Child reminds other children to wash hands always

Though the government has started to ease COVID-19 community restrictions, the coronavirus can still potentially affect a lot of people, especially children, if simple hygienic tasks such as hand washing and use of masks are neglected.

Nine-year-old Jovilyn know this very well. She lives in a highly urbanized town in Manila that recorded more than 27,000 COVID-19 confirmed cases as of February 2021.

Jovilyn has simple advice to other children: “It is important that we still wash our hands, wear masks, and, if possible, children must not go out in public unless for health or emergency reasons.”

Learning from her mother, Marissa, 45, a government worker, Jovilyn practices handwashing constantly. When asked when should children wash their hands, Jovilyn wittingly replies, “After touching dirty surfaces or objects, after touching money or coins, before and after eating, after using the toilet, after handling garbage or pets, after coughing or sneezing.”

She adds that washing hands should not just simply dipping one’s hand in water. “We should wash our hands thoroughly. My mother says there are lots of viruses and bacteria on our hand. So, children must wash hands with a clean running water for some seconds. She told me to sing Happy Birthday twice. Use soap to wash away the dirt. Then dry your hands with a tissue or clean towel.”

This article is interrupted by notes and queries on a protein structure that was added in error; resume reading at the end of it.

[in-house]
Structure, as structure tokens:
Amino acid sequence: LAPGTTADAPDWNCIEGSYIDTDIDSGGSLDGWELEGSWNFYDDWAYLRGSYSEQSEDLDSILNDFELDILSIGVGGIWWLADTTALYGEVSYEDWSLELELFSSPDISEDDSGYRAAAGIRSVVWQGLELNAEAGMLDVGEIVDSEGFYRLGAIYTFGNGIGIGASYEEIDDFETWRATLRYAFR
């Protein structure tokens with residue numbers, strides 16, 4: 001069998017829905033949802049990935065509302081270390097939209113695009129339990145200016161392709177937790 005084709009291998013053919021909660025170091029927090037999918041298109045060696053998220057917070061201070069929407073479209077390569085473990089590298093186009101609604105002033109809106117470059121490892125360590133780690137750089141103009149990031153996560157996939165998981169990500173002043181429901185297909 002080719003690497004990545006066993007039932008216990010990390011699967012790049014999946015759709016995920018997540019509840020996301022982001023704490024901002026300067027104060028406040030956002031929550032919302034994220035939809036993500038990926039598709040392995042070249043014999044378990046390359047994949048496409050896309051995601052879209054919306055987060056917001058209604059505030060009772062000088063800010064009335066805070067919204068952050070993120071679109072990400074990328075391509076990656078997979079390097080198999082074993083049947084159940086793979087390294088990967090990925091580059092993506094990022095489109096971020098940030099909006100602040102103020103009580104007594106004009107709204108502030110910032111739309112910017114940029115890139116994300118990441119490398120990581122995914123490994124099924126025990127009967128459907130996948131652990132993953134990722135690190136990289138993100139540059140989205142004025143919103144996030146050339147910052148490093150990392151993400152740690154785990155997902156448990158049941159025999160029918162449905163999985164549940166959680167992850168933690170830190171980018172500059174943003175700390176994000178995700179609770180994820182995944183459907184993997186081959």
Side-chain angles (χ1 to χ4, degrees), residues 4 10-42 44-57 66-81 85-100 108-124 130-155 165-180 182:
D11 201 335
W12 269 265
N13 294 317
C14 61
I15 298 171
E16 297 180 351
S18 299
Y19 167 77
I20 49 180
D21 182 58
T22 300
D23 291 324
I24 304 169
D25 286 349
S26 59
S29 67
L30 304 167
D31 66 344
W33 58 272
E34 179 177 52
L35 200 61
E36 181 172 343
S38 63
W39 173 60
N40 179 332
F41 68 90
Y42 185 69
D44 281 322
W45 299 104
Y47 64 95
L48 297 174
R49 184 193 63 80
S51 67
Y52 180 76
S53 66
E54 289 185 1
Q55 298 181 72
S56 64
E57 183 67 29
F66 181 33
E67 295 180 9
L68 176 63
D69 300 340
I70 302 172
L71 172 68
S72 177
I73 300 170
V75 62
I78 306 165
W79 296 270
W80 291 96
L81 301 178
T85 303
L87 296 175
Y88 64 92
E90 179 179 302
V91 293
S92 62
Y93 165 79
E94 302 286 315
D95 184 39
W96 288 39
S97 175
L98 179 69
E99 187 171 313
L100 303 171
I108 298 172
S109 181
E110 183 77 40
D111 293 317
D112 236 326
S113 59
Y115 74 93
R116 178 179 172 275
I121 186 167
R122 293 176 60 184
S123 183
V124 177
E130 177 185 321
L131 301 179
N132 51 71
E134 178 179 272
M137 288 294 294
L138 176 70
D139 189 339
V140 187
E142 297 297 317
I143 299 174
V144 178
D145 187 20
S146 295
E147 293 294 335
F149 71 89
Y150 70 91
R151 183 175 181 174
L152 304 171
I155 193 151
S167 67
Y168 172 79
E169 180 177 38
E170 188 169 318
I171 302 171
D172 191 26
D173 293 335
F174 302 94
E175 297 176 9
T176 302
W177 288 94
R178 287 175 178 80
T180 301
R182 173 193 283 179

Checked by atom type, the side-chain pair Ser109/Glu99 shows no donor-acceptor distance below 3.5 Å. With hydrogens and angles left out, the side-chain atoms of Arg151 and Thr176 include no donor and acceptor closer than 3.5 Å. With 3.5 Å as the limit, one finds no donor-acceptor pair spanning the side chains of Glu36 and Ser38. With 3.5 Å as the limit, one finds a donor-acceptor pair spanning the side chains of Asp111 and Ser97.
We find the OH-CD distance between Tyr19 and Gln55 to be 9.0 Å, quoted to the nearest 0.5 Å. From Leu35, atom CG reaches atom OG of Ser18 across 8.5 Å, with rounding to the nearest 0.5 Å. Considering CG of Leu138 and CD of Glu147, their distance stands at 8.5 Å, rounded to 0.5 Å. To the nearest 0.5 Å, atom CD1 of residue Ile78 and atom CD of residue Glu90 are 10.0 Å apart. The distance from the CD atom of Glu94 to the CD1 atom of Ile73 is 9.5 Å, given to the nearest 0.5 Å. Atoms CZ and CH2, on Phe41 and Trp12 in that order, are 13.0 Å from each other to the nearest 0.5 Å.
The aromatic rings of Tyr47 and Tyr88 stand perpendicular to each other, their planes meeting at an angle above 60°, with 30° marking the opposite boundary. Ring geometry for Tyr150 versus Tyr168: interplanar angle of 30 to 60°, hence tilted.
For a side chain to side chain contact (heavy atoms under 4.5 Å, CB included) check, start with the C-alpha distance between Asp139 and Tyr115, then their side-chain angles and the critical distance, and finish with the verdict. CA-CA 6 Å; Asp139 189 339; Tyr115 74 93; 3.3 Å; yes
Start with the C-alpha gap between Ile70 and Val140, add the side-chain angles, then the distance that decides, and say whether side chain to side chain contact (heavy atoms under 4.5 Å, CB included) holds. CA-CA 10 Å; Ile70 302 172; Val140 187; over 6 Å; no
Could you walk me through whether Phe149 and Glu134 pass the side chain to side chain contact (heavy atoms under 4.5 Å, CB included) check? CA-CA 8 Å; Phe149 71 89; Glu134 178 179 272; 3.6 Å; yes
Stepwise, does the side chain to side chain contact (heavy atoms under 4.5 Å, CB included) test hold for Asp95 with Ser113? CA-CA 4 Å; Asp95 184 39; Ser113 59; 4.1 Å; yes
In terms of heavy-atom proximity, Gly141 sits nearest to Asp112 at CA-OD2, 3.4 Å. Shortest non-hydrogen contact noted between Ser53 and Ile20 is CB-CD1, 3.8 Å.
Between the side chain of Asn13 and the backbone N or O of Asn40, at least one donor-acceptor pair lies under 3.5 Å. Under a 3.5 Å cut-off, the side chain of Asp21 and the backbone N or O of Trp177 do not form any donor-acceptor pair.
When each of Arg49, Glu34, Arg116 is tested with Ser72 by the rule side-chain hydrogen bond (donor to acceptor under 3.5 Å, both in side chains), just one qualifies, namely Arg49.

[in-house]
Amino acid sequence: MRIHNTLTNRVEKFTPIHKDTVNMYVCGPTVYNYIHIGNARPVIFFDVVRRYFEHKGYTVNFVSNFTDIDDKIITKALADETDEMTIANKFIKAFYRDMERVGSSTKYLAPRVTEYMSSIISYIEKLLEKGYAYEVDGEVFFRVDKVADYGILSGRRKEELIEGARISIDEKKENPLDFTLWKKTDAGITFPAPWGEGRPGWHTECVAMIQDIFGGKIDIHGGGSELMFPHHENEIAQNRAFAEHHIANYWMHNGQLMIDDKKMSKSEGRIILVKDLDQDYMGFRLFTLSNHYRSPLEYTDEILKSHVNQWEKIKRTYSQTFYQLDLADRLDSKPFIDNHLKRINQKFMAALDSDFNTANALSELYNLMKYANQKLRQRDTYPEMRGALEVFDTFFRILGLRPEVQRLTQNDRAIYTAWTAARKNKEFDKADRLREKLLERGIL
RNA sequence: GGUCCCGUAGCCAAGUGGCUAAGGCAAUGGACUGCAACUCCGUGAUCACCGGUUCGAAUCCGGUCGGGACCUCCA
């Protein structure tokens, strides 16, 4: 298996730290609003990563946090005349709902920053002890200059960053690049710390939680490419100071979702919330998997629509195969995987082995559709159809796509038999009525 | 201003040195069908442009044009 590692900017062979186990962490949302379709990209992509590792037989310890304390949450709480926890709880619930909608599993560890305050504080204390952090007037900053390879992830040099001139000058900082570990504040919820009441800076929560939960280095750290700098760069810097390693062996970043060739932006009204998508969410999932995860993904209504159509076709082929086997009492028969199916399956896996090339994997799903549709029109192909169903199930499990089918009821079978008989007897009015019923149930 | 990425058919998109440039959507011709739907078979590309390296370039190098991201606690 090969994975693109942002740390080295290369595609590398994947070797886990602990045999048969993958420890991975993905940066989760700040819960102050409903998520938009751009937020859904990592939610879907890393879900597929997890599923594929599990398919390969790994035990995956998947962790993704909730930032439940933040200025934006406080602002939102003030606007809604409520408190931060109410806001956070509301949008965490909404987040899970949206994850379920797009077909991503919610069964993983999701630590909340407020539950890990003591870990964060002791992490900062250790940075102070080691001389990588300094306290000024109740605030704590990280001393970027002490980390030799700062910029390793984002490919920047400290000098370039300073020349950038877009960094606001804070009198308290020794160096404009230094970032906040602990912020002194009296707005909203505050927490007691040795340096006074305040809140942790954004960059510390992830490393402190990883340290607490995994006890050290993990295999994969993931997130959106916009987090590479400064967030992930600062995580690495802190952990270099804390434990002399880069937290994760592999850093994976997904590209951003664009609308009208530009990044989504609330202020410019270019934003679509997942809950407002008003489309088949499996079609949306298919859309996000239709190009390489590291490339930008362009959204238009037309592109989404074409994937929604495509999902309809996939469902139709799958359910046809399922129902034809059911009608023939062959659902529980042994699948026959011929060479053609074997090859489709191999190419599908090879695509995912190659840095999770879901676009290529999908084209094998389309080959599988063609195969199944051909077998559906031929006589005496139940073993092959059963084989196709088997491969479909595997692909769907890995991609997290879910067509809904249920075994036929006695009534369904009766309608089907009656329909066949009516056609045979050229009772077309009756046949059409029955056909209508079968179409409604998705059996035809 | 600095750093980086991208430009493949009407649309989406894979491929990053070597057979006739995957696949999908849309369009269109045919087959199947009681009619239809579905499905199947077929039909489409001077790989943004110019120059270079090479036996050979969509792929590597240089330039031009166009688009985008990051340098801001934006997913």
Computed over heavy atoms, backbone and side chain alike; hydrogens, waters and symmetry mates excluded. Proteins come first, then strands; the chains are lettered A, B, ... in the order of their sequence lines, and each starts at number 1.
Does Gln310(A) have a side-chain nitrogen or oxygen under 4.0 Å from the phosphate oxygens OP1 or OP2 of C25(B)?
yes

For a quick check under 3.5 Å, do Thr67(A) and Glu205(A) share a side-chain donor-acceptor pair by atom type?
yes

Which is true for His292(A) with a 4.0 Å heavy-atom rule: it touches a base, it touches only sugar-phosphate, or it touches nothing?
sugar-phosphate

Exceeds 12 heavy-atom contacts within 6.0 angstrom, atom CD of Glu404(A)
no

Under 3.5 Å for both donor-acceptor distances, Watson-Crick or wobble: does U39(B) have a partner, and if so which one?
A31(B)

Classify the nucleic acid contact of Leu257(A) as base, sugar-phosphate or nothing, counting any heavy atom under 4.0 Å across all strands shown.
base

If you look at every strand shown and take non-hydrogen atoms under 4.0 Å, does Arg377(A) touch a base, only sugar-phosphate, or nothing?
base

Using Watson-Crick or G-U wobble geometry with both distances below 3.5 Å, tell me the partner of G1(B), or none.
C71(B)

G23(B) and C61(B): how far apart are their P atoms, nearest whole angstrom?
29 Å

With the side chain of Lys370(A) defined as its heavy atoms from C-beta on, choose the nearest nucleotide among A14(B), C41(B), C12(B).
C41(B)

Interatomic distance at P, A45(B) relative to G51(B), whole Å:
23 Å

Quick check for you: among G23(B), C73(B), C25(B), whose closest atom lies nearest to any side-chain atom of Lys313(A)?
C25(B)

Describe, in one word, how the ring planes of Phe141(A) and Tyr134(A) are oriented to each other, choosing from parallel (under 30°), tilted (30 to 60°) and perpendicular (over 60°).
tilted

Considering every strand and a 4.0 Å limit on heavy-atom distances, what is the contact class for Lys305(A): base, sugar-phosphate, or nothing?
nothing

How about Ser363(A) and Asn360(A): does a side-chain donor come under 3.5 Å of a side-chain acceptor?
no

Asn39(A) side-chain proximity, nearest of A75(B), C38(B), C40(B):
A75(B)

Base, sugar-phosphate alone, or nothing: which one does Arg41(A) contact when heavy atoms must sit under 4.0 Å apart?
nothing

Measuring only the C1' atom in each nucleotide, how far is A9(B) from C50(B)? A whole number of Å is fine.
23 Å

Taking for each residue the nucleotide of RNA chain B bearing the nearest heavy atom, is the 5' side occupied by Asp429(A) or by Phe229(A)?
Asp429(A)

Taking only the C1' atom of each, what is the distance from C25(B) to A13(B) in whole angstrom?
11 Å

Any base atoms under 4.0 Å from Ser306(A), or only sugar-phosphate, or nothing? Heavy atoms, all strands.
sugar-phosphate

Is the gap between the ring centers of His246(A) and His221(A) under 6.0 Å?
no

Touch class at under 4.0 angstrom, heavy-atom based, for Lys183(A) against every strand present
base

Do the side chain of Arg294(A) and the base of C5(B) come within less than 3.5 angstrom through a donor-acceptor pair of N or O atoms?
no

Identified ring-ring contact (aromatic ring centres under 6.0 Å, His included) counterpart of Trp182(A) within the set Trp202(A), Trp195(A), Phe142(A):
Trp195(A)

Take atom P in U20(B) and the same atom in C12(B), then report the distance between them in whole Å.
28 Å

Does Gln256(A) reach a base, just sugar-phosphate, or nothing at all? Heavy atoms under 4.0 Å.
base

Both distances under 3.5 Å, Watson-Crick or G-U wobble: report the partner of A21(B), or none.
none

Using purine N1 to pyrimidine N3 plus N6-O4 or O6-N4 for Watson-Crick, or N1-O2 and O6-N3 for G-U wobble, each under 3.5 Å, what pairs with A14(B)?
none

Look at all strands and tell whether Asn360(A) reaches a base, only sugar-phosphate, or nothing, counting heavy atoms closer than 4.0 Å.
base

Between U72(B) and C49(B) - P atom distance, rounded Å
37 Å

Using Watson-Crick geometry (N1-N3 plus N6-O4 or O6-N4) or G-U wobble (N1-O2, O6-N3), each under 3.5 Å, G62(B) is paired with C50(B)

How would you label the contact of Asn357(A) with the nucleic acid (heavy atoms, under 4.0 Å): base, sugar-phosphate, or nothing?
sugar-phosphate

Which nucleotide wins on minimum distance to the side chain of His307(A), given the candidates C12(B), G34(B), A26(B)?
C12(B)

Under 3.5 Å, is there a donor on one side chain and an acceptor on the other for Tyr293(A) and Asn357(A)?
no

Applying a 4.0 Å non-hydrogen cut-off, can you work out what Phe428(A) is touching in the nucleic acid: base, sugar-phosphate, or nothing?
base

Marissa, who has been watching Jovilyn demonstrate proper handwashing, smiles at her chatty daughter. “Washing hands has many benefits. It can kill not only coronavirus but also other viruses or bacteria that may cause other illnesses like diarrhea,” Marissa explains to Jovilyn.

Jovilyn’s community recently became a recipient of 10 portable handwashing facilities. The project is a collaborative effort among car company Lexus, BASECO Inter-Agency Network of which World Vision is a member, Partnership of Philippine Support Agencies Inc (PHILSSA), Oxfam, and Mission Alliance.

The handwashing facilities are currently stationed near schools, public market, health centers, and village hall which have either no or lacking in handwashing facilities due to poor water connection. The Fire Station currently supplies water to the handwashing facilities so people can use the faucets.

“These handwashing facilities make it easier for us to wash our hands. I, for instance, used to wash my hands only when I get back home because we have limited faucets. This is an urban town where lots of people are using a single faucet. But now, I can wash my hands anytime I want,” Marissa says.